The sintering of iron ore is presently a significant industrial source of polychlorinated dibenzo-p-dioxins and polychlorinated dibenzofurans (PCDD/Fs) worldwide owing to the fundamental requirement of the operation of a high temperature process to pre-treat fines and to recycle plant by-products arising from the integrated iron and steelworks. The process is a noteworthy contributor of PCDD/F indirectly due to decreasing PCDD/F releases from municipal solid waste incineration. Commonly PCDD/F formation from the process is associated with the addition of oily mill scales although raw material containing a combination of C, Cl and specific metal catalyst has been shown to drastically increase PCDD/F formation in the process. The degenerate graphitic structure of carbon present in coke fuel and soot formed and the chemistry of catalytic metals and Cl are important factors.A review on PCDD/F emission in this process has been carried out, including examination of its formation mechanism, congener distribution, contributing factors and mitigation strategies, with emphasis on the use of inhibiting compound to achieve suppression. A detailed analysis of the de novo and precursor theories of formation and the contributing factor is given since the subject of PCDD/F formation is still controversial. The de novo formation pathway identified in sinter plants and controlled studies performed in the laboratory as well as at pilot-scale are discussed; where appropriate, a comparison is drawn between sintering and other thermal processes emitting PCDD/Fs. Summary of the latest developments in PCDD/F downstream abatement strategies presently employed in full scale industrial plants is provided. Potential inhibiting compounds are discussed in terms of their mode of action and merits under sintering conditions. © 2011 Elsevier Ltd.
News Article | March 24, 2015
ZDNet has run an editorial webinar that looked at issues surrounding the disposal of devices when it comes to end of life. Employees who bring their own devices into the office for business use has helped companies cut hardware and service costs. However, in some cases, it has also resulted in an added burden upon the IT departments tasked with maintaining these devices. Journalist Krishan Sharma was joined by former Fortescue Metals CIO, Vito Forte and Data#3's national practise manager David Barclay to discuss BYOD issues in an editorial webinar. The panel looked at what happens with devices that are no longer being used; who should be responsible for disposal of the product; whether the IT department should recycle the product; and whether it is the department's responsibility to wipe the device. Krishan, David and Vito also discussed the issues to consider at the end of a buying cycle when looking at purchasing devices for the next buying cycle. Watch the video to learn about the pitfalls of disposing of BYOD devices that have come to its end of life.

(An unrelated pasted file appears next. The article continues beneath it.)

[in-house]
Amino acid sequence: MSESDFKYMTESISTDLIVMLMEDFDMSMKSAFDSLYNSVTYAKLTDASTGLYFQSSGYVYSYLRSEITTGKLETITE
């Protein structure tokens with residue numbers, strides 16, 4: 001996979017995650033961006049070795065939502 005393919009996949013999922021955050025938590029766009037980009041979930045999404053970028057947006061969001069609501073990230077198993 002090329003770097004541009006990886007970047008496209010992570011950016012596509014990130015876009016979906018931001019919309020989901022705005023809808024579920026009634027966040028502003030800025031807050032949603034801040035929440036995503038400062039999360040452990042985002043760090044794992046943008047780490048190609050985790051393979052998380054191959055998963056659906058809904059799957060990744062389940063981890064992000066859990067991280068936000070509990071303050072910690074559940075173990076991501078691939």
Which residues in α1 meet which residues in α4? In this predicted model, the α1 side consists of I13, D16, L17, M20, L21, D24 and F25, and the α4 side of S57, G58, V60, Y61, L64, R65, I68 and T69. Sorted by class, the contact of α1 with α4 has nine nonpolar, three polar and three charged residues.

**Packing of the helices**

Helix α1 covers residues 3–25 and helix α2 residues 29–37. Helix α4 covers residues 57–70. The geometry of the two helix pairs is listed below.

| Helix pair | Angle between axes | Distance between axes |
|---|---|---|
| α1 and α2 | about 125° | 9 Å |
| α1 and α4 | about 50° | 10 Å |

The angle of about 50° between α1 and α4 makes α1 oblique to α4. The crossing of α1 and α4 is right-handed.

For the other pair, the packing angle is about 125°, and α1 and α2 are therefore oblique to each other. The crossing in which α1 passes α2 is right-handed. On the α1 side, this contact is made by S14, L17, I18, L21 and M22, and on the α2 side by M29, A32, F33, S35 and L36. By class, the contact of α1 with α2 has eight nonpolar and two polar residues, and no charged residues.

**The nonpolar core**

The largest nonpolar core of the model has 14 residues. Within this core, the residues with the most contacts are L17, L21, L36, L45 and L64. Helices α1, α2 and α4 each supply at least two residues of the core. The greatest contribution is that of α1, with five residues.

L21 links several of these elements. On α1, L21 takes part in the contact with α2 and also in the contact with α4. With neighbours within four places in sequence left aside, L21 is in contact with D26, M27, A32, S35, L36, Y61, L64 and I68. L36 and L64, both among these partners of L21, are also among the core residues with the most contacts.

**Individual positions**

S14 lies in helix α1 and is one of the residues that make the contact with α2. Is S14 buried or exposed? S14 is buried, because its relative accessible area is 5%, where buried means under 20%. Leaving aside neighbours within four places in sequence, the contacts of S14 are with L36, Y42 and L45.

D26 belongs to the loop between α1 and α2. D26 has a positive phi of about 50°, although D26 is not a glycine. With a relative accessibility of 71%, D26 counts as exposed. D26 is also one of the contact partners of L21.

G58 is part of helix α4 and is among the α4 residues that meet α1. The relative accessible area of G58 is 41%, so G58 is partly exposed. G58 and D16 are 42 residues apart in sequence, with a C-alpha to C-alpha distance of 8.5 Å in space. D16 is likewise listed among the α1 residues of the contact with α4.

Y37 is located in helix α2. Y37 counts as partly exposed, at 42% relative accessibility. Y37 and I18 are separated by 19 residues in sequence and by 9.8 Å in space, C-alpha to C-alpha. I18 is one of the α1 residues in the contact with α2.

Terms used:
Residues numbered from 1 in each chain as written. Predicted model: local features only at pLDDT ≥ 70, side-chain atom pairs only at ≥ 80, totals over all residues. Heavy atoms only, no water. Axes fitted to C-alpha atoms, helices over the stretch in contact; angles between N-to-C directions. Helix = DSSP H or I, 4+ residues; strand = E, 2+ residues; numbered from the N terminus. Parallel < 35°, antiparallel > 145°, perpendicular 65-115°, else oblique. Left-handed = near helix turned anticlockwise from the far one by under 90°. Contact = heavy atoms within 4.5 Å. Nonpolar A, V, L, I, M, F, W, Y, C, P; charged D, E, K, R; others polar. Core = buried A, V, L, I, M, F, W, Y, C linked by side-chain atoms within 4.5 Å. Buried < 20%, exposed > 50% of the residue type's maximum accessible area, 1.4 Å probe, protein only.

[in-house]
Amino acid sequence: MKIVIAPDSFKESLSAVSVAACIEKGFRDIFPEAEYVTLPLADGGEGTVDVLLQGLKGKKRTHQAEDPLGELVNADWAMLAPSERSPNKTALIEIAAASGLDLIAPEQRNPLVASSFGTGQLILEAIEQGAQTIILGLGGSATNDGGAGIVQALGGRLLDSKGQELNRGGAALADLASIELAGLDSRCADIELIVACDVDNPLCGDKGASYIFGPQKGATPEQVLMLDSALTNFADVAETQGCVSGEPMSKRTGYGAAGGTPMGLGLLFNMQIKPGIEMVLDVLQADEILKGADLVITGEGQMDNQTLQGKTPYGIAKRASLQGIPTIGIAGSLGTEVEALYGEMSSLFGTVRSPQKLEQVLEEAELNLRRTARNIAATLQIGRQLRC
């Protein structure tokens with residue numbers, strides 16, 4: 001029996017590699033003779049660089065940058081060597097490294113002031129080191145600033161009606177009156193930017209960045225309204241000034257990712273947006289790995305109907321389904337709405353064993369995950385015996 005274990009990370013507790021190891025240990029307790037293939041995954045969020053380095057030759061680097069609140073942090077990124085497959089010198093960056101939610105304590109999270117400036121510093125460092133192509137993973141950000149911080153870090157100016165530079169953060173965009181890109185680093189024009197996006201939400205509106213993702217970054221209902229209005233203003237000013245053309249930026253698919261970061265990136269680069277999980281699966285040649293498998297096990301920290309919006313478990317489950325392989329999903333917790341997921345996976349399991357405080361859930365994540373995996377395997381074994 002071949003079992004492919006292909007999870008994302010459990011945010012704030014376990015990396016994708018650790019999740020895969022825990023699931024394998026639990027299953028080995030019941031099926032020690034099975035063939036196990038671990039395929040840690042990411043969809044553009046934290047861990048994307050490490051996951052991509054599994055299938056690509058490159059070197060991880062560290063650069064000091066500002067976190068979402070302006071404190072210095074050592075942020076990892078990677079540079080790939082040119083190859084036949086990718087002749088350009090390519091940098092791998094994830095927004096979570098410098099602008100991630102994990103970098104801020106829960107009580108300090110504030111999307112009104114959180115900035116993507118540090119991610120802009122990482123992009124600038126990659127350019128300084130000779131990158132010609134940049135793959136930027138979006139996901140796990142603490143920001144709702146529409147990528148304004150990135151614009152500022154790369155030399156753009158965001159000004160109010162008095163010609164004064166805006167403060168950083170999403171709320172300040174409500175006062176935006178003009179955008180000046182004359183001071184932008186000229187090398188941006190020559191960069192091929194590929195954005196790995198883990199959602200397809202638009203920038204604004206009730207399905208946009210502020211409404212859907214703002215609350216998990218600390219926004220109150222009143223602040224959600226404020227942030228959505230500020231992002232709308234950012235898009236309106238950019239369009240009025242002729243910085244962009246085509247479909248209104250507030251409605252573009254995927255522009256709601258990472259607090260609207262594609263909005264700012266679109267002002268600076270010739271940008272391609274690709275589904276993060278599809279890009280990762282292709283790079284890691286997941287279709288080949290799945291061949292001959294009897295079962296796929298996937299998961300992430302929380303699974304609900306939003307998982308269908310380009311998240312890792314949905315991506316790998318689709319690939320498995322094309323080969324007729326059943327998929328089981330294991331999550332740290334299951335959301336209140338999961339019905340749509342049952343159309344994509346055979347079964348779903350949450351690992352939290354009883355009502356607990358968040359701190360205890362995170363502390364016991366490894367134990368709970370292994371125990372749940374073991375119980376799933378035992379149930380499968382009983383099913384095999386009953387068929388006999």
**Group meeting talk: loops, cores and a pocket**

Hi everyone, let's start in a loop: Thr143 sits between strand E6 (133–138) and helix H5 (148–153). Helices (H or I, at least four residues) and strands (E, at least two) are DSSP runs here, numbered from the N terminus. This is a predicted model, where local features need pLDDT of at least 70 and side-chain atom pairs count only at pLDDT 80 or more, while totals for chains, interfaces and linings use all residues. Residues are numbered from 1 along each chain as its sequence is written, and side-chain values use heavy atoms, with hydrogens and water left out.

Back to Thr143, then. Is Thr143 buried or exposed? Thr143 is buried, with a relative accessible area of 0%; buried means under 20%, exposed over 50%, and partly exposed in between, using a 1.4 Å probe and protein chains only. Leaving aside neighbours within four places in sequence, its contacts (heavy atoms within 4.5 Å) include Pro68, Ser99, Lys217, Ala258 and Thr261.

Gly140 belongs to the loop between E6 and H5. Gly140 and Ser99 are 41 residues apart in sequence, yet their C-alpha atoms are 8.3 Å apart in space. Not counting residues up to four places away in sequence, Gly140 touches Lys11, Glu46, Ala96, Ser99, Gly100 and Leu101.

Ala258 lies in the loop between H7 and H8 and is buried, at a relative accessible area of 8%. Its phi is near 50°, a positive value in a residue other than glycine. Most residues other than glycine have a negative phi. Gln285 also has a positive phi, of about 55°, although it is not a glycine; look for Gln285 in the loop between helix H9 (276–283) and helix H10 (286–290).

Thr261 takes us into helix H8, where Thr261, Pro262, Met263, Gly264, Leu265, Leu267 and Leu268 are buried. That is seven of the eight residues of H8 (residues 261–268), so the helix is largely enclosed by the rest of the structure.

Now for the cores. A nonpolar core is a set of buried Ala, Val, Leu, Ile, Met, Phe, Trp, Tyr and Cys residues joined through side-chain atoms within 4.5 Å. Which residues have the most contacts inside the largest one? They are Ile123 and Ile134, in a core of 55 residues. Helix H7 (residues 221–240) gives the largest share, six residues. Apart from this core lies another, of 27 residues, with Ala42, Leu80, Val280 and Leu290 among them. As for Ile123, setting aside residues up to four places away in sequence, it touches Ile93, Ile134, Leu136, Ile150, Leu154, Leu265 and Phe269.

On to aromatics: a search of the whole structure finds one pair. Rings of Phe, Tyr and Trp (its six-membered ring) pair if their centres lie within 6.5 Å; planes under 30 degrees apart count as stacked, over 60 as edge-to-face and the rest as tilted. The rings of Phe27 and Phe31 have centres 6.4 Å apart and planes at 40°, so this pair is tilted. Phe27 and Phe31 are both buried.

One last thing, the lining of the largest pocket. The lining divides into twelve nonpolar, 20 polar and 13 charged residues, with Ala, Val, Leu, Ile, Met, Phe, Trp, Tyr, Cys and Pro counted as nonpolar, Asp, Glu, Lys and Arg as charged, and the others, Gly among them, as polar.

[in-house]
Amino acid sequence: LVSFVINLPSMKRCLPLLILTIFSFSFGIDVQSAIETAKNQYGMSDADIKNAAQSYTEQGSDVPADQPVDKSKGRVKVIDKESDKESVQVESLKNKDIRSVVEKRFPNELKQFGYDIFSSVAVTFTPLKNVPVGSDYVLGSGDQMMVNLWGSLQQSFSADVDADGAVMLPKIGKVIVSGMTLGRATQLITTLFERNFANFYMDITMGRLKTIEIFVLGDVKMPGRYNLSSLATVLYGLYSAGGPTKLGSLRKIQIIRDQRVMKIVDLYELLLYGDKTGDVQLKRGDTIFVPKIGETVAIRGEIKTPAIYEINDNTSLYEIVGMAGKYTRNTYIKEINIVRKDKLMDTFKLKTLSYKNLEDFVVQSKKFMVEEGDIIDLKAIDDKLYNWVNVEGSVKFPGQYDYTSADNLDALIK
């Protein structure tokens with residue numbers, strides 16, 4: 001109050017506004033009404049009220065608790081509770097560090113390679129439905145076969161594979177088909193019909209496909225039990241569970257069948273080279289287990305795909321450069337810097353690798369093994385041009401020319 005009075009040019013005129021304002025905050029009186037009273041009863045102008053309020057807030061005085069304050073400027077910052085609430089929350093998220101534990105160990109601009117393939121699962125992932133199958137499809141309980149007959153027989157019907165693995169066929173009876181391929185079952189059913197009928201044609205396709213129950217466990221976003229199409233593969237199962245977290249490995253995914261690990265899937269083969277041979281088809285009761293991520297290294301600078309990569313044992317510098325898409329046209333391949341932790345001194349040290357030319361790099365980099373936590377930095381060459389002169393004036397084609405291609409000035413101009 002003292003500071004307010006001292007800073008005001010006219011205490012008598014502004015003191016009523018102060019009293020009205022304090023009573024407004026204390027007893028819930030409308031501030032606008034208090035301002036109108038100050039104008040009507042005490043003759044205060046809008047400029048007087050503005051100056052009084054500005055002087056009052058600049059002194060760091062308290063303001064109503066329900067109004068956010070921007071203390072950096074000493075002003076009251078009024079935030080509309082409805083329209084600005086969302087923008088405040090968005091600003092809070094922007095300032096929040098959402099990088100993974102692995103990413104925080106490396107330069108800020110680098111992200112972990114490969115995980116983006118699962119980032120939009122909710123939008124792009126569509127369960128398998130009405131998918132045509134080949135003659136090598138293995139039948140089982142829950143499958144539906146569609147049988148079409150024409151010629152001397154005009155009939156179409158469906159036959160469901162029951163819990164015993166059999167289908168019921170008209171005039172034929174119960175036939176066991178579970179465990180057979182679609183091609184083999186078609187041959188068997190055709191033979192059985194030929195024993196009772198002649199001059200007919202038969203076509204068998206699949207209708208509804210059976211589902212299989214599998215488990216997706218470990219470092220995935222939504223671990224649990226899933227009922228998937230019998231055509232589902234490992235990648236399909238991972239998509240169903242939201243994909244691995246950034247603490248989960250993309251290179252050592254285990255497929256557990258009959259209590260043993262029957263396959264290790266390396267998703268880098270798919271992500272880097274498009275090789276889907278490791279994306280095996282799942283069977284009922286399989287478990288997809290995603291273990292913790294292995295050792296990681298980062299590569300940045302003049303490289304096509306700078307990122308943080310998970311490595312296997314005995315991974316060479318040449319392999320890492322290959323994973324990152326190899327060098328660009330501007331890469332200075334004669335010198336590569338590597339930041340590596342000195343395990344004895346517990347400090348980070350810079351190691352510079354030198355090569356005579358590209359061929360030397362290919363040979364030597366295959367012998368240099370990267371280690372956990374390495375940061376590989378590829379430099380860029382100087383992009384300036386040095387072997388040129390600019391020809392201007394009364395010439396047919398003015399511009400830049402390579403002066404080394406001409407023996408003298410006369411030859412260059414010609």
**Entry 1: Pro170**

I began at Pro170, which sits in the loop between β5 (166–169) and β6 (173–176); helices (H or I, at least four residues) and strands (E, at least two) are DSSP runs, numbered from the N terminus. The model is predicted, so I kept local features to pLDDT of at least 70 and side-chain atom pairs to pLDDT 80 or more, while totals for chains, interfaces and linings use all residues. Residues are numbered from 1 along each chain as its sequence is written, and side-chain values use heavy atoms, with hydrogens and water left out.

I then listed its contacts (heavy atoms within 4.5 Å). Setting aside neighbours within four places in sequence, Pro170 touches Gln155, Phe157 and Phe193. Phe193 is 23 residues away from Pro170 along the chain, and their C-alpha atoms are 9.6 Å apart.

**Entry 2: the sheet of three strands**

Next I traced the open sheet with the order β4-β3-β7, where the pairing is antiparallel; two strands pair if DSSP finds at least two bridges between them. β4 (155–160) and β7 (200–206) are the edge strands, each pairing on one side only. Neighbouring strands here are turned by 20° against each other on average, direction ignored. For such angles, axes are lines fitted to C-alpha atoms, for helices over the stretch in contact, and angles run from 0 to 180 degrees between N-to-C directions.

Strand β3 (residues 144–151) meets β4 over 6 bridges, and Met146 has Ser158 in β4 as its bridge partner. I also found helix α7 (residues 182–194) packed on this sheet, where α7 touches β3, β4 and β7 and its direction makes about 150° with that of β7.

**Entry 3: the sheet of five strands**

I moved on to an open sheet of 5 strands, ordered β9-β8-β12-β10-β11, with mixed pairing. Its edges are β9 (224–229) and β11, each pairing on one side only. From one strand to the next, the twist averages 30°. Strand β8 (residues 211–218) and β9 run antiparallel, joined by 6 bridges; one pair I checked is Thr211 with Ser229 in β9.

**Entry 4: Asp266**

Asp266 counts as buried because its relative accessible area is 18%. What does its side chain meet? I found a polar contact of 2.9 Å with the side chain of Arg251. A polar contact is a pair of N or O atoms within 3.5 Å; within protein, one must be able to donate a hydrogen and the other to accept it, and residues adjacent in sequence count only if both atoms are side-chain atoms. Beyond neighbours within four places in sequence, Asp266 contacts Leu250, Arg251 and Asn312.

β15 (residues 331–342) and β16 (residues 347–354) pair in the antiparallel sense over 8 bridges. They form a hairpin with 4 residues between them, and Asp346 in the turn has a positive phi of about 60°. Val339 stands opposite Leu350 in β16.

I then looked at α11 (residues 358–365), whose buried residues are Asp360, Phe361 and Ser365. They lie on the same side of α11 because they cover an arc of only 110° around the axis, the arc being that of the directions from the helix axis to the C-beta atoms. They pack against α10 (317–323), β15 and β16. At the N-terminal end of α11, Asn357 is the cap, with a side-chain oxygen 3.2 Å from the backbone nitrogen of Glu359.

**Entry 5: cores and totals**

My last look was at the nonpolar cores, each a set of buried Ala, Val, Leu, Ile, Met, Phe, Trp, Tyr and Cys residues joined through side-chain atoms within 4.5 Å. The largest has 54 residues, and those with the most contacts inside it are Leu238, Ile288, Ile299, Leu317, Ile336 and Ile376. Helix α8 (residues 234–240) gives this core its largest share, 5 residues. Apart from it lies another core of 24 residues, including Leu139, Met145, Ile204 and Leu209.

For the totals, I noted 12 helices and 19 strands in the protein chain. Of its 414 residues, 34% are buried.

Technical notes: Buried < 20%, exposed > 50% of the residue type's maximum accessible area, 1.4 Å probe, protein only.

News Article | May 19, 2014
Since Australia's fourth largest iron ore producer, Fortescue Metals Group, overhauled its business process management (BPM) strategy nearly a year ago at its Cloudbreak mining site, its operating expenses yielded nearly AU$30 million in savings. Speaking at the Gartner BPM Summit 2014 in Sydney today, Peter O'Dea, Fortescue Metals Group senior business improvement manager, said the company figuratively "spent nothing" working on developing a simple Short Interview Control (SIC) decision support that would help maximise the utilisation of its mining fleet, and provide real-time visibility and decision support. "We had a lot of data but it wasn't in a usable format that we could get to," he said. "What would happen is, we would load this data in the dreaded spreadsheet at the end of the day, and we'd give it to the supervisor to show how the day went, but too bad the supervisor couldn't do too much with that. "Where we want our supervisors is out in the pit looking after the 40 or 50 people and AU$300 million assets they have under their control. When we benchmarked all our fleet and normalised it for the density and distance internally and with other companies around the world, we could see we weren't using the data as well as we could, and that was the drive that got us going." At the Cloudbreak mining site, the company had a total of 100 trucks on-site, including 20 long haul trucks and 20 diggers that moved 200 million tonnes of earth a year. With the implementation of SIC, over a six month period, the company saw diggers efficiency increase by 11 percent, with each machine producing an additional 340 tonnes of ore per house. Meanwhile, the trucks were 30 percent more efficient, hauling an additional 90,000 tonnes per kilometre per truck per week. Fortescue Metals Group CIO, Vito Forte, said when a lot of the reporting happened through Excel, it created "FUD" and moved supervisors off-site to desks that resulted in "a lot of averaging of data, which didn't give good decision support". Forte continued to say that the company took an integrated team approach to make the rollout happen. "One of the key things for us was to make sure the director of operations was on board, because his sponsorship at this level was a critical component. It ended up bringing together the right players, and to find out what they needed, when they needed it, and for us to meet that," he said. According to Forte, the Cloudbreak mining site project is just phase one for what the company has planned. "We have two other mines to rollout to. This, at the moment, only covers the pit performance aspect. We hope the savings will translate two, or three, or four times amount over the coming 12 months," he said.